off the starboard wingtip

Sky 8In The New Yorker, journalist Jenna Krajeski wrote about James Dickey’s poem “Falling” and how it reminds her of October.  Or maybe it’s October that reminds her of “Falling,” I’m not quite sure.  After a while the spark of recollection tumbles back upon itself and the initial thought isn’t clear and doesn’t matter so much because both the inspiration and inspired are memories you love equally.  Krajeski talks about a Halloween costume she created that was motivated by the poem, which tells the true story of a stewardess who was sucked out of an airplane exit door mid-flight in the early 60’s.  Witnesses recounted, she was there one moment, gone the next.  The woman continue reading…

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On Being Haunted

Pogo 8If you grew up in Chicago, you learned of John Wayne Gacy as routinely as you did how to dress in layers during the winter. When I first heard of him he was alive, though jailed, mewed like a bird, and waiting to die. There, he was in the middle, in between the words of being and not being, a form transitioning from action to epilogue. There, he became a different type of threat, one that would live in legend and possibility. His legacy would be exhibited as a cautionary tale of over-trust, in baleful stories of warn, then, alone, in nightmares. When I first heard of him I was young, a bit younger than the many of the boys were when Gacy met them and had them to his home for work or to buy an old car, for sex, for unadorned companionship. At onset they shared a continue reading…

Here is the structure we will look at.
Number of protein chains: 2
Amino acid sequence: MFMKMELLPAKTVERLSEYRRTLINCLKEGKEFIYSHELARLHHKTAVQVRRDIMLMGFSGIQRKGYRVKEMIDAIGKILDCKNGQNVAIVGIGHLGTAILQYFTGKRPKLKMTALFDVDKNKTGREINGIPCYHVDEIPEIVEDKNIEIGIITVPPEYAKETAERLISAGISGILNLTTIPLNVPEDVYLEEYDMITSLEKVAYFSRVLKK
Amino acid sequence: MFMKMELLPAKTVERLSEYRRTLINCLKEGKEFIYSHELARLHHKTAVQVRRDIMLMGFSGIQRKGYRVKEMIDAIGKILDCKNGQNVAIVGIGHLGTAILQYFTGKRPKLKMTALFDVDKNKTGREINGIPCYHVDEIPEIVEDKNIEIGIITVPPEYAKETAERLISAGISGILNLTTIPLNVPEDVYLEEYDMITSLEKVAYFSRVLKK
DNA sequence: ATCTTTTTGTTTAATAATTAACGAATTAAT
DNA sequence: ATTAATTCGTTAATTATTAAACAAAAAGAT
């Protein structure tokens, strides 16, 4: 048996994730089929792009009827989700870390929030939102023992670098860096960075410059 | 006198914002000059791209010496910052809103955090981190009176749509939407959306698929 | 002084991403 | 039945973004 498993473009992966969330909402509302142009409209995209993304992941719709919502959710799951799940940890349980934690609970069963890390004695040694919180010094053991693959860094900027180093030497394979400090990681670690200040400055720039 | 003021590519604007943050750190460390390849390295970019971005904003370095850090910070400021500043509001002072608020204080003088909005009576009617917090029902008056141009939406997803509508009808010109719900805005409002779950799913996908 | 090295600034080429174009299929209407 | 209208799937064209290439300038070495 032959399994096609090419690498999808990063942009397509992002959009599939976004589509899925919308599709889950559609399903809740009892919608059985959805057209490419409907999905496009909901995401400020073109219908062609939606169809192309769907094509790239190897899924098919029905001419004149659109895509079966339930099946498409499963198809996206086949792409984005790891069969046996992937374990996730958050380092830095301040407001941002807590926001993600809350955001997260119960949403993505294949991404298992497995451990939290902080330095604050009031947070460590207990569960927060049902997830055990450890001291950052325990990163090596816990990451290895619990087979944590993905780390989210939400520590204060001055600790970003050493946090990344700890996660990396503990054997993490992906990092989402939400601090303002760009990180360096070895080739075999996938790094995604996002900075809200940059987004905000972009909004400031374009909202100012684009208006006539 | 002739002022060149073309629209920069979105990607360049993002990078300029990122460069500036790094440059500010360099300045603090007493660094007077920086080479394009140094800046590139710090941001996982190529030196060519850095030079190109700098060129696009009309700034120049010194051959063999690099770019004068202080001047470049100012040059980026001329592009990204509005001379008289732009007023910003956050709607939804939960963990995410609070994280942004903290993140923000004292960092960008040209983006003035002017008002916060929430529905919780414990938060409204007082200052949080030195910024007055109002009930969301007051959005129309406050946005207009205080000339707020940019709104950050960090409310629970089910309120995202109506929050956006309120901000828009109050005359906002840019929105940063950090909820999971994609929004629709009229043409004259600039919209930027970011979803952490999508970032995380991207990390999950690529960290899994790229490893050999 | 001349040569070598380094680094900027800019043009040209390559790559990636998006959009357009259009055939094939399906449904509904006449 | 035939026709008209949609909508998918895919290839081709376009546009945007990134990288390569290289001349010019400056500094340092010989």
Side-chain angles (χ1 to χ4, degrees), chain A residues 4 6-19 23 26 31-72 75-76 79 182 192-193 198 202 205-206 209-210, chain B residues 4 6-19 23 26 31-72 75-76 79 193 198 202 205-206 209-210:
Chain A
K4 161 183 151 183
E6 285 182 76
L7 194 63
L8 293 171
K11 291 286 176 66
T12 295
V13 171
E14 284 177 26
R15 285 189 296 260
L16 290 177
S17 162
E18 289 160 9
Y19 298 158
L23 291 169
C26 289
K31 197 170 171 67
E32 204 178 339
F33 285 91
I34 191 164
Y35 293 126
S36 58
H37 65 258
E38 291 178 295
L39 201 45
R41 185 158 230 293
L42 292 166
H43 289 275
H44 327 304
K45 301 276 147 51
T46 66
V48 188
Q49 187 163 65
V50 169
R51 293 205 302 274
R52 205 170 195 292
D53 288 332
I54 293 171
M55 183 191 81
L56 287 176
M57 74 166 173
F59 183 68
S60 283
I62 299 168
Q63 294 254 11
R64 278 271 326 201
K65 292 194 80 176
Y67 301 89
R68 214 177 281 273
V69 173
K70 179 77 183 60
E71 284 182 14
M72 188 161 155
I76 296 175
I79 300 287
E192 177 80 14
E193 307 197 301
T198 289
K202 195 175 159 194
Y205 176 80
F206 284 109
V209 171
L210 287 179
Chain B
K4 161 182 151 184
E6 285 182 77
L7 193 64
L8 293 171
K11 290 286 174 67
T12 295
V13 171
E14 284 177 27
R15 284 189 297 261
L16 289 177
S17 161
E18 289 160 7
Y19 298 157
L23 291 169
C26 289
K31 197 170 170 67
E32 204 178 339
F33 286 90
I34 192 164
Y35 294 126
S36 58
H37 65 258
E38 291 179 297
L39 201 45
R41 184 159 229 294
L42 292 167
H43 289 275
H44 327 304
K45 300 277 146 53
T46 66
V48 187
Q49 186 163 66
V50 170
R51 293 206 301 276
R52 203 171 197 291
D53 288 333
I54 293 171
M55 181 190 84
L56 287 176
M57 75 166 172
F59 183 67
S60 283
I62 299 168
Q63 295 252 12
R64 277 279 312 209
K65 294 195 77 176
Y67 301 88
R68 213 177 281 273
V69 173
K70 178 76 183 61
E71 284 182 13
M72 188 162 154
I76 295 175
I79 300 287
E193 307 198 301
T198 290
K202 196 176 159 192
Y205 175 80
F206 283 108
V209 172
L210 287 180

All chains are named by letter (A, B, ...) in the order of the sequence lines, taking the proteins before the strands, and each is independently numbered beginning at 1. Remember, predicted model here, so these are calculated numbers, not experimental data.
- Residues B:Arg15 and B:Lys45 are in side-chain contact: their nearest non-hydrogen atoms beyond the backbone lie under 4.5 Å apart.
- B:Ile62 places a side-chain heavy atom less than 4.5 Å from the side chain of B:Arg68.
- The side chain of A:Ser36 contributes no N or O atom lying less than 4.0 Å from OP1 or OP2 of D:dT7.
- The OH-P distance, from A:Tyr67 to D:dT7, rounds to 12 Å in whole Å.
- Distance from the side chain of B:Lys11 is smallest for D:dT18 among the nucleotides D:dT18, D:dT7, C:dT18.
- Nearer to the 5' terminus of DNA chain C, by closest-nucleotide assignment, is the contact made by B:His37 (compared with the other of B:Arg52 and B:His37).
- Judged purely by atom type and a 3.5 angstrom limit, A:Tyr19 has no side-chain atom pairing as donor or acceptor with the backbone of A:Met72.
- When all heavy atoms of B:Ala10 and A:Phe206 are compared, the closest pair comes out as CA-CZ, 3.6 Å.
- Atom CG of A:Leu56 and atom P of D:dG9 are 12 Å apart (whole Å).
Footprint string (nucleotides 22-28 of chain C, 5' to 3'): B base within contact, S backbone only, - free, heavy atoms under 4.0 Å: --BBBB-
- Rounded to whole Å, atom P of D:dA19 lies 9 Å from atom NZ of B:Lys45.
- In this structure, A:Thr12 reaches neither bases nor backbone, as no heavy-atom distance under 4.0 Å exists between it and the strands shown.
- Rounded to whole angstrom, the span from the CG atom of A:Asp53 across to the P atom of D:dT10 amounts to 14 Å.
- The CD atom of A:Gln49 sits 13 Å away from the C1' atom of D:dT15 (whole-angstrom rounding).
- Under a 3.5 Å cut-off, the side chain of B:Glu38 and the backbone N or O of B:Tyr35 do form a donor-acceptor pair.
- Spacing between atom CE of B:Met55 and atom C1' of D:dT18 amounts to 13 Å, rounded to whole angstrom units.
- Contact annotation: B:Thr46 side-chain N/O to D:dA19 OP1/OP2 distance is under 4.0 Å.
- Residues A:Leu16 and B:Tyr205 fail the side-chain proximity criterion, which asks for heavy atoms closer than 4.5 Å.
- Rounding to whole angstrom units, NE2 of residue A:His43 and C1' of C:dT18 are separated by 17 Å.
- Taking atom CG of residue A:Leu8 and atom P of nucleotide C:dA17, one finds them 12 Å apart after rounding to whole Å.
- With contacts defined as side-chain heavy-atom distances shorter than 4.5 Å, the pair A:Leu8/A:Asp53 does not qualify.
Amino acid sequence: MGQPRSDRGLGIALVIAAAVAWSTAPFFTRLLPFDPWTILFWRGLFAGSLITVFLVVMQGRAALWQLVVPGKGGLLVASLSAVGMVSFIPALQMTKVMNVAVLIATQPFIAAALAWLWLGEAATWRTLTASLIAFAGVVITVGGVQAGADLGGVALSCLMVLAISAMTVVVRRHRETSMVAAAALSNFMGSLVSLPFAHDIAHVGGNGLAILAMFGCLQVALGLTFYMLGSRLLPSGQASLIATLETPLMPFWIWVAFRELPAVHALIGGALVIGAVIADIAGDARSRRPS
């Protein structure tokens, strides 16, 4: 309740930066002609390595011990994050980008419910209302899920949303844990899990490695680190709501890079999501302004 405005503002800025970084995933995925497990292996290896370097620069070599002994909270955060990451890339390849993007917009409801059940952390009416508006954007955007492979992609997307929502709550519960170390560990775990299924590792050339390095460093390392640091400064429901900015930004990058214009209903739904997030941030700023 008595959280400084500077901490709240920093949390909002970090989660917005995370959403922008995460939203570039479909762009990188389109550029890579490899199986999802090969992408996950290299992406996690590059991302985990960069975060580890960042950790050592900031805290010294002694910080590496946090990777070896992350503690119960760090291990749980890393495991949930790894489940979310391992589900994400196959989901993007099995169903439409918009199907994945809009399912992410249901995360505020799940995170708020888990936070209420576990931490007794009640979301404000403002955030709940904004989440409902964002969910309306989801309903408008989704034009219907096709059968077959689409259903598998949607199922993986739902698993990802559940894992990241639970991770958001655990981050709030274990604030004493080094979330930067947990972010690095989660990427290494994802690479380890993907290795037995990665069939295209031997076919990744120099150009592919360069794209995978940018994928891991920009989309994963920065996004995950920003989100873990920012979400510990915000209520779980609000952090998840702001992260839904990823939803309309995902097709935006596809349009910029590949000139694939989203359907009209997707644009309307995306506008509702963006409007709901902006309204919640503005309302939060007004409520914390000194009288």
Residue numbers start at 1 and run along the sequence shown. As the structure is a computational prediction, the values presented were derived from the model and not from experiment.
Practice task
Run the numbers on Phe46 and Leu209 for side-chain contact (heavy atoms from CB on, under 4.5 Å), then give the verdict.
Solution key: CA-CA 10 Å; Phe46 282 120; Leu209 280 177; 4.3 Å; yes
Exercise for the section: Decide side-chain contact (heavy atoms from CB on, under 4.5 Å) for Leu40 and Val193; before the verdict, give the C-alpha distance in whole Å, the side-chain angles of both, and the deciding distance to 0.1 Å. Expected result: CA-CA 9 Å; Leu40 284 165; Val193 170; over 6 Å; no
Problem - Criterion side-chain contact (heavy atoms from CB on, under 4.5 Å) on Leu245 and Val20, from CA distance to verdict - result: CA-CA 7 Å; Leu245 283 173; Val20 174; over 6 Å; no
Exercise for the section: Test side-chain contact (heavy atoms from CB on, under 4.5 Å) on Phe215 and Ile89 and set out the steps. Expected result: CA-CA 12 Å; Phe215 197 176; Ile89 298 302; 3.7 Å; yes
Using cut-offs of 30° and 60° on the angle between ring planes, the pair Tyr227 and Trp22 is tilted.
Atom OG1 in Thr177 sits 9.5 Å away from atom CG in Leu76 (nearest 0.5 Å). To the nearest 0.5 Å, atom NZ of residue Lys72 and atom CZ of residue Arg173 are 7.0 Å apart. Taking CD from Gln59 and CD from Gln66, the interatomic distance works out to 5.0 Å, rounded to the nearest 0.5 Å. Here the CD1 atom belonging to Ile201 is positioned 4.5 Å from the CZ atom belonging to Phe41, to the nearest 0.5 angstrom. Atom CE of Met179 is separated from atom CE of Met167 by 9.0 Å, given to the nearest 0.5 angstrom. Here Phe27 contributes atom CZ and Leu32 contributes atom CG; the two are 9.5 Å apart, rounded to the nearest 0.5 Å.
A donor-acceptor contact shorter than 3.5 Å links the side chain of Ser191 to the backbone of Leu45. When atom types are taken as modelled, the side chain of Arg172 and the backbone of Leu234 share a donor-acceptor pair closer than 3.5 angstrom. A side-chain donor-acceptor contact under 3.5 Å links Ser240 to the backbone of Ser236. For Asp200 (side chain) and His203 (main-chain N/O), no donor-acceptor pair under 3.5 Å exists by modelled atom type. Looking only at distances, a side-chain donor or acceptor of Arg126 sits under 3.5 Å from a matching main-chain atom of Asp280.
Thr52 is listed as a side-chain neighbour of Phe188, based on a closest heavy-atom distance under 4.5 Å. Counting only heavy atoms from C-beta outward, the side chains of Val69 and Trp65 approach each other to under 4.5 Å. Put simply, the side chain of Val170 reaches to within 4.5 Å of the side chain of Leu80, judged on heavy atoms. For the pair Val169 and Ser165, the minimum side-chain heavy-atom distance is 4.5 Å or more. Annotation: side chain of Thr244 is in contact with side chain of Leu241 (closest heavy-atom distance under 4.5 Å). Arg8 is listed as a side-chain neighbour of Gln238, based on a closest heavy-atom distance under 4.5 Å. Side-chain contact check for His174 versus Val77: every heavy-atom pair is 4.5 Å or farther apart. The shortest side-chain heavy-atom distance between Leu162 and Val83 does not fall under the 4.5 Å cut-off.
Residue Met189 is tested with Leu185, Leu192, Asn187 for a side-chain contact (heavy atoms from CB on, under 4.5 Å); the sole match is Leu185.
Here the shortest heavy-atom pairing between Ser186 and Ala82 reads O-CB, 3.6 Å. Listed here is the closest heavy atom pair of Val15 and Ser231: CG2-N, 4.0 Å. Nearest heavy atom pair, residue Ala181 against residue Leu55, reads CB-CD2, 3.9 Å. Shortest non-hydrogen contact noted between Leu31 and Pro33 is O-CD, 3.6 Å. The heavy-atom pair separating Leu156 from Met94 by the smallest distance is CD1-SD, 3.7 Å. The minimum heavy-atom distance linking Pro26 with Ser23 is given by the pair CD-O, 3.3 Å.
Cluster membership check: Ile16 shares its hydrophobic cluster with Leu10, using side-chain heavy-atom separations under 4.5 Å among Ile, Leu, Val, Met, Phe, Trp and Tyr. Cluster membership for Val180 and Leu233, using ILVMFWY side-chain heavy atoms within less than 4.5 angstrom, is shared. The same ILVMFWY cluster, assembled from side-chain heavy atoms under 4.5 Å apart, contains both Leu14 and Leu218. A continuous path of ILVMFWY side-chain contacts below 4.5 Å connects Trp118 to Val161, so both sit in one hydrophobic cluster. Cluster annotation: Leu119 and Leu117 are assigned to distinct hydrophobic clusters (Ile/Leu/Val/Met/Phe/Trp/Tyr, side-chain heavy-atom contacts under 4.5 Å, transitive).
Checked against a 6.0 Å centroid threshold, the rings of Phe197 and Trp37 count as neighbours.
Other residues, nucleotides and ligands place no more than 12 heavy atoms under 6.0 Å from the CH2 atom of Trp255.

Seasons

20140721-134655-49615835.jpgI’ve been on a Roy Orbison kick lately, which makes me think about the end of summer. And it’s July. His music does this to me in the way Tom Waits does and some jazz does, Miles Davis’ “Kind of Blue,” for instance. I once listened to that album through earphones on the El, the Blue Line coming out of Chicago and heading towards the northwest and it was raining and it may have been one of the most cinematic things I’ve ever done, looking out the window, on a train, in lonely weather. Some music doesn’t have linear peaks and valleys so much as it has folds and that’s the music that braids with you in filaments of twine and you feel swallowed, sort of how winter swallows you and you bob there, waiting, existing, anticipating life while alive. continue reading…